What if Bonds usage was more akin to placebo using than performance enhancing? For if they think that they got egg on their face for not facing the steroid era head-on, from the moment that stuff was found in McGwire's locker for all to see (really, not one enterprising reporter thought to follow-up and investigate that one? Gary Hart would sure would have had a different career in that case), imagine how bad it will look if they held out Bonds on high moral grounds that proved to be quicksand? If all Walker presents is true, then Bonds is guilty of taking snake oil medicine or leeches, neither of which helps a player avoid a strikeout (which he did to great extremes) or hit a baseball well.
I have placed these Walker links in various places in the cyberspace, particularly websites that is known to draw a lot of readers, like The Hardball Times and Fangraphs. I would frankly be very surprised if at least one reporter has not see the links before, not that I'm that full of ego, but I cannot imagine that the journalism profession has degenerated down so much that they do not even read baseball websites like these. And I don't think that it is a coincidence that after years of me putting my performance box on the side, showing the team's record when a certain number of runs are scored or given up, I have started seeing this type of stat noted in the press as well. Reporters do read websites.
So why isn't the press showing the other side of this issue? Why not expose the demagoguery around this topic? Maybe Walker got it wrong, but why not at least tackle the issue since people are making so many decisions and judgments based on possibly false "facts"? And if he is correct, then it would be a huge scoop on their fellow sports writers, that person would gain a lot of fame for exposing the Emperor's New Clothes regarding steroids and bringing it to the public. Yet nothing so far.
Amphetamines Was the True Difference Maker
To me, if anything, amphetamines was a bigger blot on baseball records than steroids. It allowed players to play at their standard level of play, instead of being too tired to perform at that level. That greatly affected all career records set in the last 60 years or so, since World War II brought that drug into common usage. It is like caffeine (a legalized form of stimulant, I would add, so nobody is clean in my mind if you drink coffee or any cola drink), only better. Where is the outrage for that? Particularly since a number of players were exposed to have used the drug as far back as the 1960's, when Jim Bouton's book, Ball Four, came out and talked about the Yankee's drug use.
And sportswriters must have known about it. Again, Bouton's book exposed it and yet no enterprising journalist thought to investigate this illegal drug use (perhaps because many of them were using themselves). And reporters probably took them too when they were in the field reporting on World War II, someone somewhere must have known that usage would have gotten into baseball as well, tie the links.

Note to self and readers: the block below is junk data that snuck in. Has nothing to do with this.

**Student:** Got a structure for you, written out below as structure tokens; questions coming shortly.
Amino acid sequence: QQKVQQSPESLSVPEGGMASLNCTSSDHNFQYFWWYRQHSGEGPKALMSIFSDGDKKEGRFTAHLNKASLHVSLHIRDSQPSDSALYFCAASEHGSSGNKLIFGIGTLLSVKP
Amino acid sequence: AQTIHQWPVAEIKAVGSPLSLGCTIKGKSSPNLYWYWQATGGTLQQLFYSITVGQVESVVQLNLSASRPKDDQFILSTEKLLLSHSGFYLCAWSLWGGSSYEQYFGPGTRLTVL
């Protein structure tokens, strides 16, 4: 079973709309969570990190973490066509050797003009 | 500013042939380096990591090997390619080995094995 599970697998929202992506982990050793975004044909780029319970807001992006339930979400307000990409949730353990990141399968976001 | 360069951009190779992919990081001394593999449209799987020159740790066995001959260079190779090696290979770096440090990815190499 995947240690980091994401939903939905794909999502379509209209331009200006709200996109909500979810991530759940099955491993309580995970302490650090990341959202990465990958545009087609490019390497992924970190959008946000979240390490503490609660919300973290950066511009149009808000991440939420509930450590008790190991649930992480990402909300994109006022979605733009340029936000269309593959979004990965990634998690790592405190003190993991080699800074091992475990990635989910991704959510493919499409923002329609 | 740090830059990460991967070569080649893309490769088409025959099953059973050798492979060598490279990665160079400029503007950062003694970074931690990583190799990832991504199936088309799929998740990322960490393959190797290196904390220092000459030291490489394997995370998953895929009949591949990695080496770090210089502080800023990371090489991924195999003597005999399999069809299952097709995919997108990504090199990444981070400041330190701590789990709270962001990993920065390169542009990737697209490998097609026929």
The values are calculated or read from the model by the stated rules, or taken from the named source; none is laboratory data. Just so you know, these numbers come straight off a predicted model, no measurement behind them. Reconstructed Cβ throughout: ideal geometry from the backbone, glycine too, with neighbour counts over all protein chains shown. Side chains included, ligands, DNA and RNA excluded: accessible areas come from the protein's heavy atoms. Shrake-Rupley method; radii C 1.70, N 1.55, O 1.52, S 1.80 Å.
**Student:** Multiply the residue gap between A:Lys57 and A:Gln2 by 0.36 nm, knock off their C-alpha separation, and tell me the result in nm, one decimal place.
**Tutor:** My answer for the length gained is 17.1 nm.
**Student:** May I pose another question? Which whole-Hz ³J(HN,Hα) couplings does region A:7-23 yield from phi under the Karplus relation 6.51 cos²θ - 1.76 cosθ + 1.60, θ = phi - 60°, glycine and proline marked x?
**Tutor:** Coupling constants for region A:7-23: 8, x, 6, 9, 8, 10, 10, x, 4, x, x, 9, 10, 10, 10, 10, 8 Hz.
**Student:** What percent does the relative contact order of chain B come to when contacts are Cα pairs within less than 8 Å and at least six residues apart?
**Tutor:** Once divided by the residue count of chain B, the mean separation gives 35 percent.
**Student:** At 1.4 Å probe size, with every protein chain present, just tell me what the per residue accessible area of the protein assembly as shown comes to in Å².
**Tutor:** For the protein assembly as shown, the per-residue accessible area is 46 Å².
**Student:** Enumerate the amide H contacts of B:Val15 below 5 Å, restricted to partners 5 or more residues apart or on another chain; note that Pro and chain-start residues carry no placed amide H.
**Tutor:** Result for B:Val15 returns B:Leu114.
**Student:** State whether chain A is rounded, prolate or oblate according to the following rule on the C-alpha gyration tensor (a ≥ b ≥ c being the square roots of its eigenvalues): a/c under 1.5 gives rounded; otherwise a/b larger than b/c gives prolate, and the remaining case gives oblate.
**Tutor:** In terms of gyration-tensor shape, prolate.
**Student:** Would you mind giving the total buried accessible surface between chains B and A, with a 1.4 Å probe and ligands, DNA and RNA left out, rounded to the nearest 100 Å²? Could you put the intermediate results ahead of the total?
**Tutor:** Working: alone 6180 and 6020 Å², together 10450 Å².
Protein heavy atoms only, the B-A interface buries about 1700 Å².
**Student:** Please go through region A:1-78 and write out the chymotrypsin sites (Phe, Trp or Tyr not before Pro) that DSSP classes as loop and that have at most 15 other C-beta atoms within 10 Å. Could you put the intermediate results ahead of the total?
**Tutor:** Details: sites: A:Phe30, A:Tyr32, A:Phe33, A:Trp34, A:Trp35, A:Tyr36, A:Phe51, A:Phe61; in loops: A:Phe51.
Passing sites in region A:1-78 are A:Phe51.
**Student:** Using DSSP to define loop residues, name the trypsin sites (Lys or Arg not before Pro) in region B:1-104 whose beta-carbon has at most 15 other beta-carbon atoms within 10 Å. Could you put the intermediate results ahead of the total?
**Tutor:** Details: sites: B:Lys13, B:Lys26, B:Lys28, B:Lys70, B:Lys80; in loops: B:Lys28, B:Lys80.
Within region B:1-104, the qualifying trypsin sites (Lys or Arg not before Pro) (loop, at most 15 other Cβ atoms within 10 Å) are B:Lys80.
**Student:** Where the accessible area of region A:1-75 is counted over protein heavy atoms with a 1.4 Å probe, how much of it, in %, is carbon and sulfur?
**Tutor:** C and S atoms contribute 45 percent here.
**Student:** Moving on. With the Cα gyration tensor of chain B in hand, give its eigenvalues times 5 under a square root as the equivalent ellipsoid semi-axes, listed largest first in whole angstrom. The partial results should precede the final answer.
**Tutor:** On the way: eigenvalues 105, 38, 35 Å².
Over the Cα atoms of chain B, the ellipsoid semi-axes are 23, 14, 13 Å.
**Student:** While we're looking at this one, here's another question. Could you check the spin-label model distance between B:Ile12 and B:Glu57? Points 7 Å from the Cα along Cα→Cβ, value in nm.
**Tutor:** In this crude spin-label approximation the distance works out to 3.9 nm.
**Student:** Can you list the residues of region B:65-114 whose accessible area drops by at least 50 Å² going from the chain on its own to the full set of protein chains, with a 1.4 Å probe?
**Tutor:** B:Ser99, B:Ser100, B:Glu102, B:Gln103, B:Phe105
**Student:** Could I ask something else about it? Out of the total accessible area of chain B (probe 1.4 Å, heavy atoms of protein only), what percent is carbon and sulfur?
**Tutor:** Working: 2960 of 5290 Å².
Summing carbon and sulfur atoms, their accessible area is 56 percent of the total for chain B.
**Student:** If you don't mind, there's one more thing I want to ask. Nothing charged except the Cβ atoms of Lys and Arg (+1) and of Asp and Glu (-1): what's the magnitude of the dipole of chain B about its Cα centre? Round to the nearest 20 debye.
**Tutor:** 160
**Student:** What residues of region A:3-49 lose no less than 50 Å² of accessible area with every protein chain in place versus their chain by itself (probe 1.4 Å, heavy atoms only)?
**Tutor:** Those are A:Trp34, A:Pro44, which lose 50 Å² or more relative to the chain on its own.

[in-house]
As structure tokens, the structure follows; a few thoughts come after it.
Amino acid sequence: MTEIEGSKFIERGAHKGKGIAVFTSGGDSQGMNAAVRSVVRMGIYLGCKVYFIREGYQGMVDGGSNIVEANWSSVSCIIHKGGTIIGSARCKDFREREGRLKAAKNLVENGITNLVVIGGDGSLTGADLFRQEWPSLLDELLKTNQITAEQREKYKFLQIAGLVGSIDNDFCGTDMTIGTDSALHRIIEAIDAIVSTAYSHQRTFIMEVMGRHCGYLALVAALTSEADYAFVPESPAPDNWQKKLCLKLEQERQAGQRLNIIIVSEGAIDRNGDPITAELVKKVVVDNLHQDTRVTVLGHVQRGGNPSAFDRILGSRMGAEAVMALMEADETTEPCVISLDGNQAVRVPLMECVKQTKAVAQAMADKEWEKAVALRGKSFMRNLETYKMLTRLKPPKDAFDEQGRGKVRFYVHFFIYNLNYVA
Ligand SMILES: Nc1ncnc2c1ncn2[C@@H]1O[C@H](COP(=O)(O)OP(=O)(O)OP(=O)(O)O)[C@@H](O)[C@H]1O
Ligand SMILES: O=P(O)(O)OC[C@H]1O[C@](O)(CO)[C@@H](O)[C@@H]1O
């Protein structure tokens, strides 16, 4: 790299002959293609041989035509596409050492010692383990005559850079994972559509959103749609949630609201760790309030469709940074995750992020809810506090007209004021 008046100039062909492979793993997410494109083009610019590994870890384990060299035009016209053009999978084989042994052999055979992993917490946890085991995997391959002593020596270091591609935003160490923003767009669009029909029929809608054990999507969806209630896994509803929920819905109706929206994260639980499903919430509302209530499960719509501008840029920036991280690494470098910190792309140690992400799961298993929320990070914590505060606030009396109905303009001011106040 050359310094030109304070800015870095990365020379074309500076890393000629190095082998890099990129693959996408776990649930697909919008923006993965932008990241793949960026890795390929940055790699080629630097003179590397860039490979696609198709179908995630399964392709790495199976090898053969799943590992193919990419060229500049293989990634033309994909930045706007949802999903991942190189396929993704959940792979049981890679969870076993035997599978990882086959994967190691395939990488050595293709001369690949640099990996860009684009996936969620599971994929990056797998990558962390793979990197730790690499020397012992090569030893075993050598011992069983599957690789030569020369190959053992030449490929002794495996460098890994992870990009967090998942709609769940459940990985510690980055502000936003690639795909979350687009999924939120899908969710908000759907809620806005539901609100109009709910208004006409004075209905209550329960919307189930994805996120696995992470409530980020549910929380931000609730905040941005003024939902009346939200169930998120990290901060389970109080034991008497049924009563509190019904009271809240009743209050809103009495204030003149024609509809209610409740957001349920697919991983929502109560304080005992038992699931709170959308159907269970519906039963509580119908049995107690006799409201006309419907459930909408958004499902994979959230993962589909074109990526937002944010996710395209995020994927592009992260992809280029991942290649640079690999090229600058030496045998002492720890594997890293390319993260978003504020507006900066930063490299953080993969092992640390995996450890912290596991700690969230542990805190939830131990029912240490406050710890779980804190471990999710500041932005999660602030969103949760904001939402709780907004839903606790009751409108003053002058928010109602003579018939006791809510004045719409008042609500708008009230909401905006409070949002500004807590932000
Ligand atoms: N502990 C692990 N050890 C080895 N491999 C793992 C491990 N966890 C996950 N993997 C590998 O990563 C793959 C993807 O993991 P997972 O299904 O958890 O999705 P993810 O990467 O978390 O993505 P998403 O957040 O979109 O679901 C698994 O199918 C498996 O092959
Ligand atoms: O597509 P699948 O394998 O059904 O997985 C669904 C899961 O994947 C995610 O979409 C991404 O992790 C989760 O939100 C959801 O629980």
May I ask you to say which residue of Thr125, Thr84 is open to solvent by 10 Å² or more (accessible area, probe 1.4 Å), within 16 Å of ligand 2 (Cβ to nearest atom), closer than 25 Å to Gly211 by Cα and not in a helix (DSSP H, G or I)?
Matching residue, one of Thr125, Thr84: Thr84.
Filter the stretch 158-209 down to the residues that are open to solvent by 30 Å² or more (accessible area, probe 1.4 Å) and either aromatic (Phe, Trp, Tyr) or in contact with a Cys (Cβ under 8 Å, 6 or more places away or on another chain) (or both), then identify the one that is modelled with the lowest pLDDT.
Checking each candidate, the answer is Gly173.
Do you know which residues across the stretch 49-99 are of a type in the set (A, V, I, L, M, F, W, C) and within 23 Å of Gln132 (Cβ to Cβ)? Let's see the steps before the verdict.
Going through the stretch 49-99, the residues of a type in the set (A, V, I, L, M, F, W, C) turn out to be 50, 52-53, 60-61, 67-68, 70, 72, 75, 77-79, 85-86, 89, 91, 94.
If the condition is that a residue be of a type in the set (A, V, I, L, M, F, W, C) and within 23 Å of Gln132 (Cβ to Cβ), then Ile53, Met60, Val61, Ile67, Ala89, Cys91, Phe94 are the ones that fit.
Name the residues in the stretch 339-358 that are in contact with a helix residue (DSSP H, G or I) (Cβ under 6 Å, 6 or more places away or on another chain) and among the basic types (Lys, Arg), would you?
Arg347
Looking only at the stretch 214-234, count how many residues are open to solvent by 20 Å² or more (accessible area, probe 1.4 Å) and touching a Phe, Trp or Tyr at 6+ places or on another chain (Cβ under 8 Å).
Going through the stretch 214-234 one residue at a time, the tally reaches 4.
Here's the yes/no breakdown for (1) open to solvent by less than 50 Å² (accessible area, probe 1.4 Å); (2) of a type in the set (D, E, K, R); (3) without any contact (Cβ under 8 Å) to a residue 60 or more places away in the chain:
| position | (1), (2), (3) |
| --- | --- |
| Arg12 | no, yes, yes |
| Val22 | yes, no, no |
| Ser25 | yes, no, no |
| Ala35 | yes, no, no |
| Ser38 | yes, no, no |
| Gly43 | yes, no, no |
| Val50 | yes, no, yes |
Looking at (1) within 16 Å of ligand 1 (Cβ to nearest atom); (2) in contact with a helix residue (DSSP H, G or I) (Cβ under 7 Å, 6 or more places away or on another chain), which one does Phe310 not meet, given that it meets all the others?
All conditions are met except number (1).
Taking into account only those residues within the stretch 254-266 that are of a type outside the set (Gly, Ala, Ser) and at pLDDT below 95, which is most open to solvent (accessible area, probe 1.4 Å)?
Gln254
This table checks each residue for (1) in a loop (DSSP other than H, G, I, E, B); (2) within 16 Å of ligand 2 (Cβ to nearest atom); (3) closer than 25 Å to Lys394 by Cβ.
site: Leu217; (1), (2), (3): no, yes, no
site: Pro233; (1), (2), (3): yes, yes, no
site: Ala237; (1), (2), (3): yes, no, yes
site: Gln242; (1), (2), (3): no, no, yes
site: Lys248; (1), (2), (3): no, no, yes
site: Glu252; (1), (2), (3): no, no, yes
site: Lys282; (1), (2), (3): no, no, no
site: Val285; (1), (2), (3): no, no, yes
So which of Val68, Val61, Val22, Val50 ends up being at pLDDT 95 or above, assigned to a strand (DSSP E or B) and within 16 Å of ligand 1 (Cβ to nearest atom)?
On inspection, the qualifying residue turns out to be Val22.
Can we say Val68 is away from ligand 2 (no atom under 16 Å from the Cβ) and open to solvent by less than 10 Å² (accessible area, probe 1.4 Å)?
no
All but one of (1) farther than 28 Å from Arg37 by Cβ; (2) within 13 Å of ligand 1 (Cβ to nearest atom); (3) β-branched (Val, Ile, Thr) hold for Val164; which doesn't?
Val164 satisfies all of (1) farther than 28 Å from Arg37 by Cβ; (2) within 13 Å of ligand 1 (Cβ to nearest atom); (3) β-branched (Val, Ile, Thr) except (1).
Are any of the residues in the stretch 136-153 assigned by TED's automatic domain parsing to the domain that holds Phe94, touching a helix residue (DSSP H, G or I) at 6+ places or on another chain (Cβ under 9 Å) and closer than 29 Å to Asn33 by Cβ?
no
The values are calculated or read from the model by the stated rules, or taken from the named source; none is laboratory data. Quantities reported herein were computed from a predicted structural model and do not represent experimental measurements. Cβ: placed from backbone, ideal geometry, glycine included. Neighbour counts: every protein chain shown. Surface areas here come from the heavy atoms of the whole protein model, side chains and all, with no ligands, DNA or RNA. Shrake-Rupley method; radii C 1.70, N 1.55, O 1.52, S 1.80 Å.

Pete Rose Should Be In Too
And, in any case, the Hall of Fame does not exist to punish people, it is to honor the accomplishments that a person has made that made baseball what it is today. That is why I think Shoeless Joe and Pete Rose should belong in the Hall too, especially Mr. Hustle, he may have gambled but the proof is only when he was a manager, and I also can't imagine that he would ever bet against himself or his team if he had done it as a player (and there appears evidence that Shoeless Joe was just a witless participant, particularly given that he hit .375/.394/.563/.956 in that series that he supposedly "threw").
Nobody drives themselves relentlessly, particularly without much pure baseball talent - Rose was a mostly modestly skilled player - and then throw a game. He didn't achieve greatness throwing games, I think that would be impossible to do, a guy like him don't do that on a part-time basis, either you believe or you don't, and he believed in himself and pushed himself to greatness. You can't do that part-time.
And even if he could, he's still the LEADER IN HITS ALL-TIME. How do you keep that out of the Hall, even if he did do the unthinkable and bet against himself like a psycho, he still had more hits than anybody else in baseball history. It is not a real Hall of Fame if the hit leader is not in there. Instead, it is a Hall of Shame for all and any participants in the decision to keep Marvin Miller out, Pete Rose out, and, most probably, Barry Bonds out. If ethics were so important, then they should retroactively throw out all the racists and other person with vices that is not palatable now, that is how the Olympics does it when they re-award competitions. It would be hypocrisy not to.